Monthly Archives: December 2016
We follow up our Tennessee high gravity beer news with minutia that only a serious industry member like a Brewery could appreciate. The info in this post is compliments of Bone McAllester Alcoholic Beverage team member Rob Pinson, after consulting with reliable sources. This is all subject to change, as the “law” is being interpreted. We applaud Revenue for the guidance.
$100 Brand Fee
Revenue will not require this. Whether it is for new brands, existing brands, or renewals of beer between 5-8%, Revenue will not require the $100 fee (and we do not believe that the ABC has the authority to collect it either).
For beer at or below 5% ABW
Proceed as usual. Submit territorial designation form to Revenue. No renewals.
If introducing a new beer between 5% and 8% ABW
The brewery should send in the beer territorial designation form, the ABW % for the product, a copy of the COLA (if required by TTB), a copy of the label, the wholesaler contract (which is still required under the law, even though it is technically beer), and the brand registration form (ALC119). There is no fee with this registration. Revenue will register the beer brand in both the liquor brand list and the beer brand list.
If you have an existing brand that is between 5% and 8% ABW
The brewery should send Revenue a list of their brands and the ABW % for each brand. The beer brand will remain on the liquor brand list (minus wholesaler and counties) and get added to the beer brand list. Revenue is working on a letter to go out about this and we will share this when it becomes available.
Revenue will send out renewal forms for the 5/31 renewal deadline for the liquor brand list. Breweries should follow the above guidelines to make sure they receive this in the mail. There are no renewals for beer brands at or below 5% ABW.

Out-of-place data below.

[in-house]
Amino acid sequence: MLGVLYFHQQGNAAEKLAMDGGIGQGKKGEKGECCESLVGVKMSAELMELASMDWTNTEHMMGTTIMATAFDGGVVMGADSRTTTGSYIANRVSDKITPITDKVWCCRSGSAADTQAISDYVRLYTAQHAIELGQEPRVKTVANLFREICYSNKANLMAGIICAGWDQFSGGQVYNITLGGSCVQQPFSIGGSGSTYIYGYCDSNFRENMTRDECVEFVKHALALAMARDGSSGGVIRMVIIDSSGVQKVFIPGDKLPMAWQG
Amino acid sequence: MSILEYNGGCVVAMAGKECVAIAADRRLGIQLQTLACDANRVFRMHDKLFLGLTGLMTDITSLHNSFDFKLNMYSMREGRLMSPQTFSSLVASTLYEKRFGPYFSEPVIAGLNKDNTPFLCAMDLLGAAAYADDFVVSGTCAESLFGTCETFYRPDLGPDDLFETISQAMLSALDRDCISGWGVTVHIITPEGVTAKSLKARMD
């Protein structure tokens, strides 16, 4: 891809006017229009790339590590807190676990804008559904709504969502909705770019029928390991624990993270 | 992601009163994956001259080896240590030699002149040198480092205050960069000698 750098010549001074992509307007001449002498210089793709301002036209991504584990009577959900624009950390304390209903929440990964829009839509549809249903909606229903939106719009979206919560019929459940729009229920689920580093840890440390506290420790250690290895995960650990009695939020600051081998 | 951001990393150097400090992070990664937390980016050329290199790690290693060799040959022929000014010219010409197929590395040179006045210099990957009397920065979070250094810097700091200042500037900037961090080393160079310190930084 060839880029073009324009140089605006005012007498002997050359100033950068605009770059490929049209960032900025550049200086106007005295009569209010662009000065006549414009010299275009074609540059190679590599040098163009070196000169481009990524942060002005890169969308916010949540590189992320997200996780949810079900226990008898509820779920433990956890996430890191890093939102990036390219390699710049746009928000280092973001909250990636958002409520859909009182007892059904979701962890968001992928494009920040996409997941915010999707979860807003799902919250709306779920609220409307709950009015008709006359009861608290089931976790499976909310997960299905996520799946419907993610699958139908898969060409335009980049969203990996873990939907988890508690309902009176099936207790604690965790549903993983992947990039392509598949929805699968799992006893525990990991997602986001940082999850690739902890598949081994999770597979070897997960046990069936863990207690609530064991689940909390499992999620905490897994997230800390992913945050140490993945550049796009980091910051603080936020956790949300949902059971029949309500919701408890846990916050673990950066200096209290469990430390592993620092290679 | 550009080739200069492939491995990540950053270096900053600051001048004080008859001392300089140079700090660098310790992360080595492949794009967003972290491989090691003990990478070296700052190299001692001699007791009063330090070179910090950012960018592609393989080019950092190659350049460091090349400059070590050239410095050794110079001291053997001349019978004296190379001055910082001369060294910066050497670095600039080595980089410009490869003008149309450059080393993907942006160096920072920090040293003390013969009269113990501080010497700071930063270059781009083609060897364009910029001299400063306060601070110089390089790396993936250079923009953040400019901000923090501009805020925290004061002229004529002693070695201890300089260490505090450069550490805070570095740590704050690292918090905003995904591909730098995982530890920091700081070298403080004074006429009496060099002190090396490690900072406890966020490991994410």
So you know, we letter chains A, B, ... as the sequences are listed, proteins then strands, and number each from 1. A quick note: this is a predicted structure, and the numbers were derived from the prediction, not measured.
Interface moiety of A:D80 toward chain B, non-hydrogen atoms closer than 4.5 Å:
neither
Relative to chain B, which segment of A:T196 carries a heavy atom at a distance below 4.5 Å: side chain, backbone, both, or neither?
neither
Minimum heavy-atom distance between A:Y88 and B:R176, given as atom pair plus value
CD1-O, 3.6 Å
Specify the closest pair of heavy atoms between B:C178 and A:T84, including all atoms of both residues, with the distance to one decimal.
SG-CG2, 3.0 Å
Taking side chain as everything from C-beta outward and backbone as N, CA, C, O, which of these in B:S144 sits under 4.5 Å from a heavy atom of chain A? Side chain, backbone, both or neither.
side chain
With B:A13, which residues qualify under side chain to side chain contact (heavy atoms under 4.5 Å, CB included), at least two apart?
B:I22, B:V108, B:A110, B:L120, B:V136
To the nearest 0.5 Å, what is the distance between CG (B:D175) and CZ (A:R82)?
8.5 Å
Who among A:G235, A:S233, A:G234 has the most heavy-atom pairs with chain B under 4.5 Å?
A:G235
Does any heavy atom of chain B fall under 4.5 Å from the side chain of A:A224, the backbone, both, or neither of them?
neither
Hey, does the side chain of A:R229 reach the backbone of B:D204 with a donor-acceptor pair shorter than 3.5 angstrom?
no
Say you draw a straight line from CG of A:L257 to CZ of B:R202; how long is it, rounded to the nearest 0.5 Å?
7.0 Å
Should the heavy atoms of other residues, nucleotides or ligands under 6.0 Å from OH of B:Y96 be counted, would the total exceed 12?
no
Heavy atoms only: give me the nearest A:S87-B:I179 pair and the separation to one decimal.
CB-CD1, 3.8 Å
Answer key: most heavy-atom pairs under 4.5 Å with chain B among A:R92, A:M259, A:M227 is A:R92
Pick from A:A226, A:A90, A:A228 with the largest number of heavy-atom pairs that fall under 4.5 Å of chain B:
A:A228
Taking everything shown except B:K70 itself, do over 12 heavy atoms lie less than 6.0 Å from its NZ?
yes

Beer Barrelage Tax
I have also confirmed that Revenue expects wholesalers to pay the $4.29 beer barrelage tax and not manufacturers. Although we disagree with this interpretation of the law, we are not the Tax Man. Tax on beer self-distributed by the brewery or sold on site is still subject to the tax and paid by the brewery.
We think of the classic tax song Fortunate Son by Creedence Clearwater Revival:
Some folks are born silver spoon in hand
Lord, don’t they help themselves, oh
But when the taxman comes to the door
Lord, the house looks like a rummage sale, yes
On January 1, 2017, the legal definition of beer in Tennessee changes from 5% to 8% alcohol by weight. Meaning that beers with less than roughly 10% alcohol by volume no longer fall into that crazy category known as high gravity beer.
In Tennessee, beers stronger than 5% by weight or around 6.5% by volume were taxed and distributed as alcoholic beverages. For consumers, it meant higher prices and not being able to buy a high grav beer at a grocery or convenience store.
No longer. Although there are a few serious suds stronger than 8% by weight, the vast majority of high gravity beers will magically become regular “beer” in the New Year. You can Kroger for high grav. You will no longer pay the 15% alcoholic beverage tax at restaurants and bars.
The ancient and odd (at least to us) New Year’s traditional tune Auld Lang Syne comes to mind:
we’ll take a cup of kindness yet,
for auld lang syne.
And surely you’ll buy your pint cup!
and surely I’ll buy mine!